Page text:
- Screenshot from Piano Day promo video
For an instrument as ubiquitous and endlessly relevant as the piano, it can be kind of a pain to find a decent one to play on in Pittsburgh. That was a problem that led Pittsburgh composer and pianist Dubravka Bencic to create Pianocentricity, a performance series devoted to acoustic piano performance.
"In Pittsburgh, there are very few venues with acoustic pianos that are in somewhat good shape," says Bencic. "So we had to find venues, and then negotiate the price of the venue with the tuning of the piano, and then just DIY everything else from scratch."
The goal of Pianocentricity is not only to expose listeners to high-quality pianos being played by professional performers but to allow audience members to explore and play the pianos themselves. The result is a sort of democratizing of an instrument that is often restricted to elite venues, and to remind the general public of just how good a well-tuned Steinway can sound.
This weekend, Pianocentricty achieves both of those goals when it hosts a day of free performances as part of Pittsburgh Piano Day at PPG Place.
Pittsburgh Piano Day was founded by piano technician Peter Stumpf in 2016 with goals similar to Pianocentricity, though the latter is more focused on intimate, indoor music venues, while Stumpf's vision was all about literally bringing the piano to the people. You may remember Piano Day's trademark move of driving a truck around Pittsburgh with a professional pianist playing a $100,000 Steinway & Sons piano in the back.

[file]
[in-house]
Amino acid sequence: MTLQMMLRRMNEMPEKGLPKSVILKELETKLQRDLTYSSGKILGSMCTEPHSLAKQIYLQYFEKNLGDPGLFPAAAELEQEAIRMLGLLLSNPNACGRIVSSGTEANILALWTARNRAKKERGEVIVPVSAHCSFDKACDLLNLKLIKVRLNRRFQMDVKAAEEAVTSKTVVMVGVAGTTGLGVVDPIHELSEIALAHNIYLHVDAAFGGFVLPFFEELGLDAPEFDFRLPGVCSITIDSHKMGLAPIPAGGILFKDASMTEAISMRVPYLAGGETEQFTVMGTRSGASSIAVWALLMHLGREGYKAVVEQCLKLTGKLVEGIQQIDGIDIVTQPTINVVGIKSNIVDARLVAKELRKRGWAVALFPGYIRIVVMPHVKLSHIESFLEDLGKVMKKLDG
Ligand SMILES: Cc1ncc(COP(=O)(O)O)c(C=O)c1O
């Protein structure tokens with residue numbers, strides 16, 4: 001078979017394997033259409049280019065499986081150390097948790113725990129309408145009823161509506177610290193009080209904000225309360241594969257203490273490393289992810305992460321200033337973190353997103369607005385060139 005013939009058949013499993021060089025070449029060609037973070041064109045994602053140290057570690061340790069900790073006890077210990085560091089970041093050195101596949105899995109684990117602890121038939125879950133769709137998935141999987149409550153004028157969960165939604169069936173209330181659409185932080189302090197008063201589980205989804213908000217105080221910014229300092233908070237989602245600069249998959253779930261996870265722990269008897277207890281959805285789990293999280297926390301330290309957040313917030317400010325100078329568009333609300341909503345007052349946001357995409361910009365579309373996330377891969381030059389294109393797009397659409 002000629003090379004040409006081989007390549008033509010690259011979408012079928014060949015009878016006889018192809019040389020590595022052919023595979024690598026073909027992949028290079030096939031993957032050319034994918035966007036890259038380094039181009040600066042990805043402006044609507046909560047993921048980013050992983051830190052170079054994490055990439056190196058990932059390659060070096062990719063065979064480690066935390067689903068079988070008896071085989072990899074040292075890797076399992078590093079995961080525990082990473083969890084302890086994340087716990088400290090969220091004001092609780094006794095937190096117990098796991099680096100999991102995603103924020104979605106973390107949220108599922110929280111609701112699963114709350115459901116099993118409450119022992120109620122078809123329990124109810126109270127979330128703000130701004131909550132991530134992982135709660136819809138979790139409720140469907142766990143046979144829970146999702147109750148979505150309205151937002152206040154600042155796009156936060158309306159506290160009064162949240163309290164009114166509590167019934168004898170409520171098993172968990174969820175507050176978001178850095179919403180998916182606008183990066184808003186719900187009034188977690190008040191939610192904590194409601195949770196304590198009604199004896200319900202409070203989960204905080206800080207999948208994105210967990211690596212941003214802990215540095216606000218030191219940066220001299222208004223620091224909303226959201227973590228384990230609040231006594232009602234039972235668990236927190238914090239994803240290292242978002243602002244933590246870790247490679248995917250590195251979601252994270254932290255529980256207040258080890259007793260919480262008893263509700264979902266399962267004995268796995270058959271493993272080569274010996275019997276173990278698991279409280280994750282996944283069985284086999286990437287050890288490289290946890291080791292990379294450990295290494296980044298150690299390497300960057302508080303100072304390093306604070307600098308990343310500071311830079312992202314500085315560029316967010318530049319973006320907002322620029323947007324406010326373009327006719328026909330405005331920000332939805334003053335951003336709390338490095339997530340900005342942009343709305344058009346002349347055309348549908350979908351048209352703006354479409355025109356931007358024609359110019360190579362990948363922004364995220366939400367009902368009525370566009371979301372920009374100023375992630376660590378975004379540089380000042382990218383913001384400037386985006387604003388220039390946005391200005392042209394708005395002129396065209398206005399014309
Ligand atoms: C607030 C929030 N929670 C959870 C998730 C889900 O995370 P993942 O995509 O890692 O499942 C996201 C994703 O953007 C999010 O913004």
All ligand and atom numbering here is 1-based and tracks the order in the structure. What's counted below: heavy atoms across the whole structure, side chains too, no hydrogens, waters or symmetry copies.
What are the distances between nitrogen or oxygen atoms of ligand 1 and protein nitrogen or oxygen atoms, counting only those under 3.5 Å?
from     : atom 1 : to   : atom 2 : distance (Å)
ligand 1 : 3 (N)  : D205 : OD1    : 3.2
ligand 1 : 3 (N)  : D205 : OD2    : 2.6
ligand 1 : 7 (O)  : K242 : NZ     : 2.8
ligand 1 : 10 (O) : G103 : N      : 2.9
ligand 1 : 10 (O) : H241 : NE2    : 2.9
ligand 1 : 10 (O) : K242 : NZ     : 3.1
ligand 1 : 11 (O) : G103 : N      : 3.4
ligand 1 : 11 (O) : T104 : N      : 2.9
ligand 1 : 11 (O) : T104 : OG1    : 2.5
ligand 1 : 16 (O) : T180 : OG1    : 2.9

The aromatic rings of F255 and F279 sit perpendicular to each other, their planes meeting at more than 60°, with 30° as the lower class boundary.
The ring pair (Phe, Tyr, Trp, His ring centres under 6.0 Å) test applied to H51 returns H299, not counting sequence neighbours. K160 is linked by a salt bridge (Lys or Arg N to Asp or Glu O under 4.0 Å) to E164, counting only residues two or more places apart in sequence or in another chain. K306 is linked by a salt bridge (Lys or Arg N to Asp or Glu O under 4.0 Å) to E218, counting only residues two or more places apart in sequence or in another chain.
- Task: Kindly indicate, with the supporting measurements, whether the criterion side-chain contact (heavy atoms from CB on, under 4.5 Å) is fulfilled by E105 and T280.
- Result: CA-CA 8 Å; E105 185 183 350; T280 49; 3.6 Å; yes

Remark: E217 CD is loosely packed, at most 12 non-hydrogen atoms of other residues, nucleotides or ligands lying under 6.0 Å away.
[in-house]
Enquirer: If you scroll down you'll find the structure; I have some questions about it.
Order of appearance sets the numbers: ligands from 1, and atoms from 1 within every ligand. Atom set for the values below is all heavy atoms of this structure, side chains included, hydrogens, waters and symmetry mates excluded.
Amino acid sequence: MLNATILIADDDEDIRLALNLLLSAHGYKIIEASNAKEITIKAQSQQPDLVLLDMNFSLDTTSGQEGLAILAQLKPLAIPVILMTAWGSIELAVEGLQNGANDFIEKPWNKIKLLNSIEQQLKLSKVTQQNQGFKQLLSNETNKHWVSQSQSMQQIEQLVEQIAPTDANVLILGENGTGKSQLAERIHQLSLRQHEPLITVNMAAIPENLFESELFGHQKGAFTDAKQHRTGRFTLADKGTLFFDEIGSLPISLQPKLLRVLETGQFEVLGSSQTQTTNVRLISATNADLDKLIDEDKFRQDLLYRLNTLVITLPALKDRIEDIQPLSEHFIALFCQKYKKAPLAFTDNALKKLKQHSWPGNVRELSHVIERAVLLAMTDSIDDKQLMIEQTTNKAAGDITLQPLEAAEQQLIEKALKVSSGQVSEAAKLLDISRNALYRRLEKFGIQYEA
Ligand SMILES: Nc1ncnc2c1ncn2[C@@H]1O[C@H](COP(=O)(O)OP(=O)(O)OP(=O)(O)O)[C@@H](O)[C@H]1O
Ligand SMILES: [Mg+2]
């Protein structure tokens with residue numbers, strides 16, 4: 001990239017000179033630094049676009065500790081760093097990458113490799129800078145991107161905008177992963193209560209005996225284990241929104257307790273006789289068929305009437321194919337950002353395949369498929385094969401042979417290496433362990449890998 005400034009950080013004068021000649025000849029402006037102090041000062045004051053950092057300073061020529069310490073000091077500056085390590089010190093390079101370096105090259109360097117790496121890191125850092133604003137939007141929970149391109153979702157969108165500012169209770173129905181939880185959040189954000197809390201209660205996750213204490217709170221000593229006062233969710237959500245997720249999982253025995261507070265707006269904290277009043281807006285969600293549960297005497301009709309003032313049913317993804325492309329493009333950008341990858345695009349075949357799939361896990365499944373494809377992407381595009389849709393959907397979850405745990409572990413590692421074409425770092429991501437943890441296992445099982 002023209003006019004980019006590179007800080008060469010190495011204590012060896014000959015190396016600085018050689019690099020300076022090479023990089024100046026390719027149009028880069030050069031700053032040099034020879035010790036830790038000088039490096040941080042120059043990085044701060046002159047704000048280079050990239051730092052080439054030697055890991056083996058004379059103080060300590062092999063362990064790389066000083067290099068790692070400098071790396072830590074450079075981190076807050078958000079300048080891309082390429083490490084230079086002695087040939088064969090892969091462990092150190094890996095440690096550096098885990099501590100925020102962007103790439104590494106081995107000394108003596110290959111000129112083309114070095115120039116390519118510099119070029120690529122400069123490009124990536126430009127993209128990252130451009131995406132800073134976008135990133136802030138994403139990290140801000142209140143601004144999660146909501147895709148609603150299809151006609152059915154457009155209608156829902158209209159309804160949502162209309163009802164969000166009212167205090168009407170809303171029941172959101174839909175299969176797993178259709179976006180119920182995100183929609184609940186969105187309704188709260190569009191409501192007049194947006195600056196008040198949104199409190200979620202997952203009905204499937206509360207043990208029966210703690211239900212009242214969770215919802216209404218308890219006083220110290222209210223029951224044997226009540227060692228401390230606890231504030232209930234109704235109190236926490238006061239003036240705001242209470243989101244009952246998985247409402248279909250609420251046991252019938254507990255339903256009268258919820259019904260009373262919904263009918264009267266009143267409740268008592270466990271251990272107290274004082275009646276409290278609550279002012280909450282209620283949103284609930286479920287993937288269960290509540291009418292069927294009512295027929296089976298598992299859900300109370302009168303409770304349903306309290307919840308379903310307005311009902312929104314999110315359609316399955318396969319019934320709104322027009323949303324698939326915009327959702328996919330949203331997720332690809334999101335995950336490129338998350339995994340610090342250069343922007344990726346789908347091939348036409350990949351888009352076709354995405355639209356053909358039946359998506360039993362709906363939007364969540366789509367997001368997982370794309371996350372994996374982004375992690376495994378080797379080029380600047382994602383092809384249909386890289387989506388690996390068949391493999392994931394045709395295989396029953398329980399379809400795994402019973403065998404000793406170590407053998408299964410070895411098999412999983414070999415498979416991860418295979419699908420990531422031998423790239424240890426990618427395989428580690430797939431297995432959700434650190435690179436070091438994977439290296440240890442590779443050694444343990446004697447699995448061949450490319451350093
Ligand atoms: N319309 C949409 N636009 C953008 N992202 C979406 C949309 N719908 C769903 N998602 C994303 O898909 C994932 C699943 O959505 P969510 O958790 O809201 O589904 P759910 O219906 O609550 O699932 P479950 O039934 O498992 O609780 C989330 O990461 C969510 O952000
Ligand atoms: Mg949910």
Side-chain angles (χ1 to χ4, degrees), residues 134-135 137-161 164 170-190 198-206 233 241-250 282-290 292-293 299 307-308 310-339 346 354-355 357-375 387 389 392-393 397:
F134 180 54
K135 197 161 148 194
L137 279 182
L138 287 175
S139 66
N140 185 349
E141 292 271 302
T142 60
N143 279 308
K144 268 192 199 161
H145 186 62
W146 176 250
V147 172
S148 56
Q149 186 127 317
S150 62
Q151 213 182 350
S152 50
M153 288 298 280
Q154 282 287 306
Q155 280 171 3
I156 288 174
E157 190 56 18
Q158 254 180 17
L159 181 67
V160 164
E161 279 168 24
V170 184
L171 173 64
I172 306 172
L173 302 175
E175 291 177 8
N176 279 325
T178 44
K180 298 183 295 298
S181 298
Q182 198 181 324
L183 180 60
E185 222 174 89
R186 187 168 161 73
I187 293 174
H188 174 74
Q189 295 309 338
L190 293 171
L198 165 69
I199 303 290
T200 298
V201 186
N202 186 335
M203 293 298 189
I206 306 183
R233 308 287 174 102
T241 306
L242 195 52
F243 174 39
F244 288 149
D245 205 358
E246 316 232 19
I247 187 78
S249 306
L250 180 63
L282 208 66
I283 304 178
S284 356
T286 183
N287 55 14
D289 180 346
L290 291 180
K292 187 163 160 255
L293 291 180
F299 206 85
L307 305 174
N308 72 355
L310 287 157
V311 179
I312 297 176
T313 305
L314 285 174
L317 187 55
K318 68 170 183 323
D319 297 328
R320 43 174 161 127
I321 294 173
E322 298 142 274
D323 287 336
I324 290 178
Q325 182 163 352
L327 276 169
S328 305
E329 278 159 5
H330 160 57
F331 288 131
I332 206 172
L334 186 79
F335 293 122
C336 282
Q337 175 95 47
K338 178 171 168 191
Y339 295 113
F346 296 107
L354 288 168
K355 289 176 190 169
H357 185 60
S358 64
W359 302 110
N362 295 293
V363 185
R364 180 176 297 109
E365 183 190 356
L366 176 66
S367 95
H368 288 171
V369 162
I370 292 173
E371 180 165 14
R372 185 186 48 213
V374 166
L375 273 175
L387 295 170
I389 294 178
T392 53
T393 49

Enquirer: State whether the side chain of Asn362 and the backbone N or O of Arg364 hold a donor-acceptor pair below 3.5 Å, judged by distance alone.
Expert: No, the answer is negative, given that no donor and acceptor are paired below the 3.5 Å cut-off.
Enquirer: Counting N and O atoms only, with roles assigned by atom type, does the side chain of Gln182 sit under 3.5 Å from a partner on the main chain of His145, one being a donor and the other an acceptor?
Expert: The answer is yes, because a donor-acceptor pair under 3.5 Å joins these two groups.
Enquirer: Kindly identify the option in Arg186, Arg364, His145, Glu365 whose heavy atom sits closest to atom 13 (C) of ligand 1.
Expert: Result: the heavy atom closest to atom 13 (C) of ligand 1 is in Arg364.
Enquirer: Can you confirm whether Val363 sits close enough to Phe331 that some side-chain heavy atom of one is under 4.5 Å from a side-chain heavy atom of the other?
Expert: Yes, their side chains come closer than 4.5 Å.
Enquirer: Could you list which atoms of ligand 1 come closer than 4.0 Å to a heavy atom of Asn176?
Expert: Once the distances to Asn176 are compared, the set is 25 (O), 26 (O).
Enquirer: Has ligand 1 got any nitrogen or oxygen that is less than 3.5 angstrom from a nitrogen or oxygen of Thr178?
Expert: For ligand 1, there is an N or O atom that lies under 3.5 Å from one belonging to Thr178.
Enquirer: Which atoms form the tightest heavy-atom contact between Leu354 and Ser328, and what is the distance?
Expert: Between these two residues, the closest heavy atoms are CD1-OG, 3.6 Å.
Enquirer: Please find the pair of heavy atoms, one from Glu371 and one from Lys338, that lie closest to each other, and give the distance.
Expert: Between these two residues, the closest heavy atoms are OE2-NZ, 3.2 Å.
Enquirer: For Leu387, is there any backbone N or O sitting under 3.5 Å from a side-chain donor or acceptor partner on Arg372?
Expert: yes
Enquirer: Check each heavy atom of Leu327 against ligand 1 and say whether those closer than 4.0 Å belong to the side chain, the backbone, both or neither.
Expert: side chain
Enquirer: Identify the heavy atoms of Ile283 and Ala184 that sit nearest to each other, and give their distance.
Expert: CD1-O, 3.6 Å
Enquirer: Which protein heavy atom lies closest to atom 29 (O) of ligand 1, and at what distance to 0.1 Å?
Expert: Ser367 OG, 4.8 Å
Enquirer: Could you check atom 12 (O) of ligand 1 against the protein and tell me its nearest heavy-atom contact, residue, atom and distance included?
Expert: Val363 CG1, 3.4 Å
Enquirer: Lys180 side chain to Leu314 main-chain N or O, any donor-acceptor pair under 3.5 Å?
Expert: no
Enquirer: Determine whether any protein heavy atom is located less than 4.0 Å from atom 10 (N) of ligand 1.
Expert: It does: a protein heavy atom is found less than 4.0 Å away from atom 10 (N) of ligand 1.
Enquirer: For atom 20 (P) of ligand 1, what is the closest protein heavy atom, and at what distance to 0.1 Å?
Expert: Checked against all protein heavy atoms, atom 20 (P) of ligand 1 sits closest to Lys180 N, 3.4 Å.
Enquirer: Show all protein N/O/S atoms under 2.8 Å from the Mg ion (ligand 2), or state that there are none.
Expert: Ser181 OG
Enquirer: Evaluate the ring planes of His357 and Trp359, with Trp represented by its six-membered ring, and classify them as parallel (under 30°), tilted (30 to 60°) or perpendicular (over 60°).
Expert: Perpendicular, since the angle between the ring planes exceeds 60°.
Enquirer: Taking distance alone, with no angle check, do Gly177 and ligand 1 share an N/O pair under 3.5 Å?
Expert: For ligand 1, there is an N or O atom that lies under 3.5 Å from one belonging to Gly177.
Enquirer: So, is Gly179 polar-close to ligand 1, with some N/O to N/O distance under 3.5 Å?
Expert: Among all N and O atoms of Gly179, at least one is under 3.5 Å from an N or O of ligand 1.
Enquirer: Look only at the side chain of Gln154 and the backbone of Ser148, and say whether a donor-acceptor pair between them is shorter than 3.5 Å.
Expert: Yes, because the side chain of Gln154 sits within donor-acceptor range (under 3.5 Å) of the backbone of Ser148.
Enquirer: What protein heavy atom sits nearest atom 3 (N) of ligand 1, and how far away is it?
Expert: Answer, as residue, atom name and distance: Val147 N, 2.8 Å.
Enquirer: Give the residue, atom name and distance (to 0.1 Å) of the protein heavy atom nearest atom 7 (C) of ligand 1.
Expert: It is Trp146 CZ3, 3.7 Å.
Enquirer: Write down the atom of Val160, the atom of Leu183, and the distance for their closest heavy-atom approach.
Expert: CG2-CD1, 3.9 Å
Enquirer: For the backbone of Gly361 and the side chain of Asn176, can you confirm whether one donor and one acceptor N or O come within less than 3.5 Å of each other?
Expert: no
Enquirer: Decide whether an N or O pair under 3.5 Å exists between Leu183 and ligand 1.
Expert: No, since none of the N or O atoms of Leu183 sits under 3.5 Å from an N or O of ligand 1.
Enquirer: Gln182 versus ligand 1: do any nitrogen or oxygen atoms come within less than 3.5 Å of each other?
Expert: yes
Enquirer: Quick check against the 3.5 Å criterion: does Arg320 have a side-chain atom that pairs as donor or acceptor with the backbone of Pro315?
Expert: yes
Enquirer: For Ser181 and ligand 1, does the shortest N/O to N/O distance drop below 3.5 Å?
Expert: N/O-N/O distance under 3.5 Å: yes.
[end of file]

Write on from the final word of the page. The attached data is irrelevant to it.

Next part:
Bencic has twice performed on the truck and in other scheduled Piano Day performances, but this year she became more involved in the curation. The lineup and program on Sunday were chosen entirely by Bencic, as a part of Stumpf's effort to focus Piano Day 2019 more on women in music.
Starting at 2 p.m., Pianocentricity's program features Bencic on piano with Alejandro Pinzon on bandoneon (a kind of concertina) and Leslee Becker on cello; a duet between PJ Roduta on piano and Becker on cello; Bencic with Brian Riordan on electronic instruments; a solo by Lu-Han Li on piano; and finally, an experimental collaboration by Bencic, Luke Starcher, and Eric Weidenhof called "FromSpaceFormSpace."
Bencic explains that "FromSpaceFormSpace" is built around the new work by Starcher, who's better known as a producer and IDM DJ Good Dude LoJack. Unlike Starcher's standard output, which falls in the range of IDM and techno, the new unreleased record is darker, more abstract, and vaguely apocalyptic. There's little-to-no percussion, which Starcher and Bencic thought would work well as a foundation for improvisation for a new piece.
"What Luke was talking about was what he called 'saving room.' He likes to save a lot of room for others to contribute," says Bencic. "In that sense, it’s challenging in a way that we all need to play less and contribute less. We all like to play a lot, and fast — at least I do — and this would be getting in the zone of being very relaxed and meditative and adding little riffs of sound to Luke’s soundtrack."
Piano Day 2019 kicks off on Sat., Aug. 24 with the traditional grand piano tour around Pittsburgh. Performances on Sunday start at noon at River Vue Patio, Heinz Hall, PPG Place, and "open play" at Market Square all day. Stumpf says he recently learned that a 95-year-old woman was arranging to come down from her nursing home to play the Steinway at Market Square.
"It would be wonderful to hear her play and then have a five-year-old to go up and play," says Stumpf. "The piano is for everyone. It's the one invention we have never ruined."